The prospect of an impending Brexit and a snap general election before year’s end spooked the housing market in October, according to a new UK Residential Market Survey by the Royal Institute of Chartered Surveyors (RICS).
Sales remained subdued, while new buyer enquiries, agreed sales and new instructions indicators showed a negative trend. However, RICS added that near-term sales expectations for the next three months improved slightly, suggesting the potential for a post-election bounce back.
Politics roils the markets
Barely seven months after the UK’s original intended EU withdrawal date, the housing market found itself waiting in anticipation of an outcome last month, which resulted in yet another delay to Brexit, and the eventual calling of a snap election, mere days before month’s end.
This last-minute uncertainty had a marked impact on enquiries from new buyers. RICS estimated that this metric declined for the second month in a row in October, giving a net balance of -16 per cent from respondents, suggesting a decline.
Agreed sales also slipped during the last month in all regions of the UK, except Northern Ireland, which saw a slight increase.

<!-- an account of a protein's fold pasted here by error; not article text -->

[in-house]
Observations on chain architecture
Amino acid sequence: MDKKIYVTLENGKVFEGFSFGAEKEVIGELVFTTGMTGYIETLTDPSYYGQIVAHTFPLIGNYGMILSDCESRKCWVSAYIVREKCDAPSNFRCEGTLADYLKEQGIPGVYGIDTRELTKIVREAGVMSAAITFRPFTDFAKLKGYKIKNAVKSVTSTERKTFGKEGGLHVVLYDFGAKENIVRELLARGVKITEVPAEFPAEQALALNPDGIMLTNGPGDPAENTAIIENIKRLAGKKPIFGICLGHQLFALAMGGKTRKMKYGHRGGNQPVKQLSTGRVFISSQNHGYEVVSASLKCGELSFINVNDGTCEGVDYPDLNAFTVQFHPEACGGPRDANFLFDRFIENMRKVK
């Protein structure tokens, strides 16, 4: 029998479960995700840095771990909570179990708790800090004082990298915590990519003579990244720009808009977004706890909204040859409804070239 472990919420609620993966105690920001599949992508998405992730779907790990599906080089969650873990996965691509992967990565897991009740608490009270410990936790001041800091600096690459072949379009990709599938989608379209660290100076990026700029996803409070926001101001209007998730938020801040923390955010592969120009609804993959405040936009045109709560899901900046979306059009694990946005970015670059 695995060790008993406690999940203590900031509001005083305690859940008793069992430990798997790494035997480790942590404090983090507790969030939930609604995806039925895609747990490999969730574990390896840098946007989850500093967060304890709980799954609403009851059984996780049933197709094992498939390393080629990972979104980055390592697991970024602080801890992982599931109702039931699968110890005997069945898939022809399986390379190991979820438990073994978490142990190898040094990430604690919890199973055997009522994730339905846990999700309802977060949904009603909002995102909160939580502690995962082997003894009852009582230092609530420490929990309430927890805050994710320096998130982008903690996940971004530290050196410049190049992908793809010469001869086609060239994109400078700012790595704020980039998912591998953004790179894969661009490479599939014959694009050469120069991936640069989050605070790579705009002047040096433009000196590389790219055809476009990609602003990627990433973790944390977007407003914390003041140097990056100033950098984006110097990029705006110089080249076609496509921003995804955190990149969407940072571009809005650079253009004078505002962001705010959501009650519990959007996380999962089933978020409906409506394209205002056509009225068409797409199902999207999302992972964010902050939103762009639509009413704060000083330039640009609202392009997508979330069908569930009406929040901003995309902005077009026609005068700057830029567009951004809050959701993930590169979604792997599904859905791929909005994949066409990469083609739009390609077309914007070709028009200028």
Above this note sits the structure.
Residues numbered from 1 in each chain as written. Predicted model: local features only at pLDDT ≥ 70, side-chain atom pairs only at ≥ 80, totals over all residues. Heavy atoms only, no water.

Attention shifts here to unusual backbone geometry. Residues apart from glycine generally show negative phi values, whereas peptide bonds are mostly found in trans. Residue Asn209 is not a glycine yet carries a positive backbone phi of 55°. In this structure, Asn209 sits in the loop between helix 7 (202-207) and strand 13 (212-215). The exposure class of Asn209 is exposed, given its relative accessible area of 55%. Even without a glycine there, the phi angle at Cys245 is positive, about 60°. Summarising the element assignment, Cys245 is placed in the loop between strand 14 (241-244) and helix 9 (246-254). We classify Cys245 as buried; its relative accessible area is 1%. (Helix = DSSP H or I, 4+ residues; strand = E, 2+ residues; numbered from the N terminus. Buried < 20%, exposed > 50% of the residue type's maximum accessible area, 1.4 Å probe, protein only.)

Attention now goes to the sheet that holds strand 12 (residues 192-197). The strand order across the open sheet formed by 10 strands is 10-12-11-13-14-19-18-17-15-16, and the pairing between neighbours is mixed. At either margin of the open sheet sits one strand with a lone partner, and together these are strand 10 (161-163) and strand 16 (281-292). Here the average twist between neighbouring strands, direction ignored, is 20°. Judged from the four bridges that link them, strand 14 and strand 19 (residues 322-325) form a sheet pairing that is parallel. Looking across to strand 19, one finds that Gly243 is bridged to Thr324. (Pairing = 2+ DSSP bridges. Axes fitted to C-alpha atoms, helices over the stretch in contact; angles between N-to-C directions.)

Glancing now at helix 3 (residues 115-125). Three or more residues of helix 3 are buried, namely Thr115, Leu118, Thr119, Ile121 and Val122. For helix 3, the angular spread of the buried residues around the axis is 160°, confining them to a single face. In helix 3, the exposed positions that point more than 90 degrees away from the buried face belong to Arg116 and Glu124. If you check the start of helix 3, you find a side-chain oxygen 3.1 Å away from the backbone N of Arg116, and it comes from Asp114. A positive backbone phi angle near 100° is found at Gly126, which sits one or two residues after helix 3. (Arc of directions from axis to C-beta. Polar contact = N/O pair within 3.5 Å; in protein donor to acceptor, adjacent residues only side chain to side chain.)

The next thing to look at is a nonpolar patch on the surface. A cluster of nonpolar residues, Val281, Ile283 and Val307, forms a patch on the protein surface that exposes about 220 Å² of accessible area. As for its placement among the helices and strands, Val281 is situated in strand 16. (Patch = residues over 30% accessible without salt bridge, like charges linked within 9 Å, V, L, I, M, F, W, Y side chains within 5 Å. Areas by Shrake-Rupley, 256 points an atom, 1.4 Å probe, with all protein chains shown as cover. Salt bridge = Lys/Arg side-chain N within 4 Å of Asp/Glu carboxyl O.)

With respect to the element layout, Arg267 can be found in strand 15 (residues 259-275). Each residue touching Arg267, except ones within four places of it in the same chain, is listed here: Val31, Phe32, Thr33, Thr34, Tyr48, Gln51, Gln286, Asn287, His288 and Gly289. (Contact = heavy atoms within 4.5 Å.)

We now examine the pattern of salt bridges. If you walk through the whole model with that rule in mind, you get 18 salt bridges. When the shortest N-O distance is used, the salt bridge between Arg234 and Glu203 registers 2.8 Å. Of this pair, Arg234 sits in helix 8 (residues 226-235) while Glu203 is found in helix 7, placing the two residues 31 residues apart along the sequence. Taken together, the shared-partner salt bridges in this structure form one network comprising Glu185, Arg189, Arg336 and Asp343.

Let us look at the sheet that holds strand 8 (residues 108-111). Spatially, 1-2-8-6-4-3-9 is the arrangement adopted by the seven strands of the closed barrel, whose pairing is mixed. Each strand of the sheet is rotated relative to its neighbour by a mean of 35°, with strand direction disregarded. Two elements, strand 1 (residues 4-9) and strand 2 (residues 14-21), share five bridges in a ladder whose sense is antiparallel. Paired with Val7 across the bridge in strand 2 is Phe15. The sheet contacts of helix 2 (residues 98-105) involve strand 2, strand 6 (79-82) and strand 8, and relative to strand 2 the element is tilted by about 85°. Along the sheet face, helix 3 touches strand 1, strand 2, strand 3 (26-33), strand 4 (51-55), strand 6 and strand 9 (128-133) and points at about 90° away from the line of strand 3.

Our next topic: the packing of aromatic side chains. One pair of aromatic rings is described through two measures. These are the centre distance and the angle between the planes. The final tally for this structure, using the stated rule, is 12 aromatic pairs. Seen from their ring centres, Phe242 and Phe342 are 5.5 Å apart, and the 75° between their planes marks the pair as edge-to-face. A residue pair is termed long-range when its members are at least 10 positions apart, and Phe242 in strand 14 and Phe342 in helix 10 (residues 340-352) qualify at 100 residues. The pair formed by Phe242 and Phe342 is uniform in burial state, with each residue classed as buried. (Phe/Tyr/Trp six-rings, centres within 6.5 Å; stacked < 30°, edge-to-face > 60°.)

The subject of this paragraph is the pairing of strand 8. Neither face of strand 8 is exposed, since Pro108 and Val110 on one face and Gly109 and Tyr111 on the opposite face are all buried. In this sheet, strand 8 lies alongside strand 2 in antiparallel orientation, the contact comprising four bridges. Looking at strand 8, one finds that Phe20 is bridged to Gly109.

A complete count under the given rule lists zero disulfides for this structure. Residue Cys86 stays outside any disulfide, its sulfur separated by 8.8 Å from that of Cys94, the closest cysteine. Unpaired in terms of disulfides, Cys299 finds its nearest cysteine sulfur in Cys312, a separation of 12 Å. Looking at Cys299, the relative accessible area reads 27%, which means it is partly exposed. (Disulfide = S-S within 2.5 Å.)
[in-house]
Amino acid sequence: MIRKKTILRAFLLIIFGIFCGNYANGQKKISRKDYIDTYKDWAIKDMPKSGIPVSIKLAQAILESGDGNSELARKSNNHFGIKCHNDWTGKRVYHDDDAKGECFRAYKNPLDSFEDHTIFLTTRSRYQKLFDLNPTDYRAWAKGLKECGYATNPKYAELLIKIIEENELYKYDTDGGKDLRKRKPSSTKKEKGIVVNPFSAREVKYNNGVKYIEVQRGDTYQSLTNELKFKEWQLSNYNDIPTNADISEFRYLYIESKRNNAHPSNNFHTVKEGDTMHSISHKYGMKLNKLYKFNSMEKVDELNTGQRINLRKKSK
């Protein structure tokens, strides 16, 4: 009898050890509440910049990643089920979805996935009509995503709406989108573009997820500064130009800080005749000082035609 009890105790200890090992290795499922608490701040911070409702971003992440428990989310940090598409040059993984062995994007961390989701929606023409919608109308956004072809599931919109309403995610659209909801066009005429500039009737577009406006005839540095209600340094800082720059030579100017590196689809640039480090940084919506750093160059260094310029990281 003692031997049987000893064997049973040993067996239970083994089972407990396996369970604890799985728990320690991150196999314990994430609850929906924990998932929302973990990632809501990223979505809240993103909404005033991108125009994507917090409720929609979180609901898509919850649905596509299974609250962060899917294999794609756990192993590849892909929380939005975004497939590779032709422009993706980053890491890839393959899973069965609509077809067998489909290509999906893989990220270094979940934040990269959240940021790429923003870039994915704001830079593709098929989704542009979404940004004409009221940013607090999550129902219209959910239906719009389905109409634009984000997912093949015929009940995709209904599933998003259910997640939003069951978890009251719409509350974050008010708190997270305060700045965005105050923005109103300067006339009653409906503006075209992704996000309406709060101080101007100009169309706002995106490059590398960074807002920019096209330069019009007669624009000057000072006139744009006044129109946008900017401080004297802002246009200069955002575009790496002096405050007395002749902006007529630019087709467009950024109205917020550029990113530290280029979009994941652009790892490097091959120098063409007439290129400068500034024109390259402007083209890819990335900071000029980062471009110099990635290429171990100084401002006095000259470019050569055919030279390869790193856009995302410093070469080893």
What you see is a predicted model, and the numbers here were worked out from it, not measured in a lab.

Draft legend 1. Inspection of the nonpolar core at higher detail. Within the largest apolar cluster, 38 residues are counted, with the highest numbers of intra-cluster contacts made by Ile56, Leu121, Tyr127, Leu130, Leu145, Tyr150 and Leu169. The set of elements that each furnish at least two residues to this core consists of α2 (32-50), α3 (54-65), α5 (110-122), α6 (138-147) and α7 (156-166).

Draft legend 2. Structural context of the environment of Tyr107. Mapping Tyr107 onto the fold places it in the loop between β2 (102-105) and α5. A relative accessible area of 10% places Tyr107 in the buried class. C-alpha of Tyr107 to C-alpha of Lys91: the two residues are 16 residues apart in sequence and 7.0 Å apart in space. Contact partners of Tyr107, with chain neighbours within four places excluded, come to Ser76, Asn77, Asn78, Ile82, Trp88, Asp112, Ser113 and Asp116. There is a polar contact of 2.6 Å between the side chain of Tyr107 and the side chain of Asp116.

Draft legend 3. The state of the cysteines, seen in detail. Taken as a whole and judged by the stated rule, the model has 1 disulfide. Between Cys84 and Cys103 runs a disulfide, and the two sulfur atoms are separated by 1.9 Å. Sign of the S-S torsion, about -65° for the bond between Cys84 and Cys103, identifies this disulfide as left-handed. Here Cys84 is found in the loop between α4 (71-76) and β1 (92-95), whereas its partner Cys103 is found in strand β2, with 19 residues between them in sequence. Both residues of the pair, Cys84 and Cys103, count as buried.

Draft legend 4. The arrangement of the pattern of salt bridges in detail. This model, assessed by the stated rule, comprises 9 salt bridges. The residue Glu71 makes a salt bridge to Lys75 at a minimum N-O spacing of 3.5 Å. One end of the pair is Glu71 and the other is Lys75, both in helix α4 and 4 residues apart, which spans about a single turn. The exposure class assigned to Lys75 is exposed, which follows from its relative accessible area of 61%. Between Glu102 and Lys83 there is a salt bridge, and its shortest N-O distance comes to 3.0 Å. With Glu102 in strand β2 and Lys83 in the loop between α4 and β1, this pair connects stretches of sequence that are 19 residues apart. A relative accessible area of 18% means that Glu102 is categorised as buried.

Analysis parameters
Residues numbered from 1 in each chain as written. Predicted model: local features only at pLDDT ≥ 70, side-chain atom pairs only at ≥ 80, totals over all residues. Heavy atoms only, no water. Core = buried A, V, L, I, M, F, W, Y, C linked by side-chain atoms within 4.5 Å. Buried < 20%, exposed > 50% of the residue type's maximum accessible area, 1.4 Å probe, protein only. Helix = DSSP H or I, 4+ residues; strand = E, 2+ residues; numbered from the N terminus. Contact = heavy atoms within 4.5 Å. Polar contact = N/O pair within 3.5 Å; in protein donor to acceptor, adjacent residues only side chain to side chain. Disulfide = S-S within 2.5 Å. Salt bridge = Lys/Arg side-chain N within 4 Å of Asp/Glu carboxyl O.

House price inflation was estimated to have remained broadly flat according to RICS, giving a net balance of minus five per cent from respondents. This suggested that prices would be marginally lower in the near-term. However, RICS added that its three-month sales outlook was more upbeat.
Expectations for the next 12 months also showed signs of improvement, with a positive net balance of 23 per cent of respondents believing sales would improve. This suggests that much of the subdued activity is a result of the sheer uncertainty about political developments.
Housing market in a holding pattern
Simon Rubisohn, chief economist at RICS, explained the survey findings, saying: “The latest survey feedback continues to suggest that both buyer and seller activity remains in a holding pattern, hampered by political and economic uncertainty.”
RICS also addressed the government’s responsibility for much of the weak sentiment, referring to a number of regulatory changes in the private rented sector (PRS).
Tamara Hooper, policy manager at RICS, added: “Persistent government meddling in the PRS dampened landlords’ appetites to invest and expand their portfolios, with many consolidating assets, or leaving the sector altogether. In addition, the regular changes to the PRS regime have decreased stability and standards for tenants.”
The government’s record on the PRS is just one of the issues Prime Minister Boris Johnson faces, as the general election campaign intensifies. On Tuesday 19th November, Mr Johnson faced Labour leader Jeremy Corbyn in a live head-to-head televised election debate.
Much of the debate revolved around Brexit, but the Conservative Party Press Office soon found itself facing criticism from all directions, following its decision to briefly rebrand its Twitter page as “factcheckUK” during the debate.
Independent factchecking charity FullFact described the action as “inappropriate and misleading”, urging the public not to mistake it for a genuine independent factchecking service.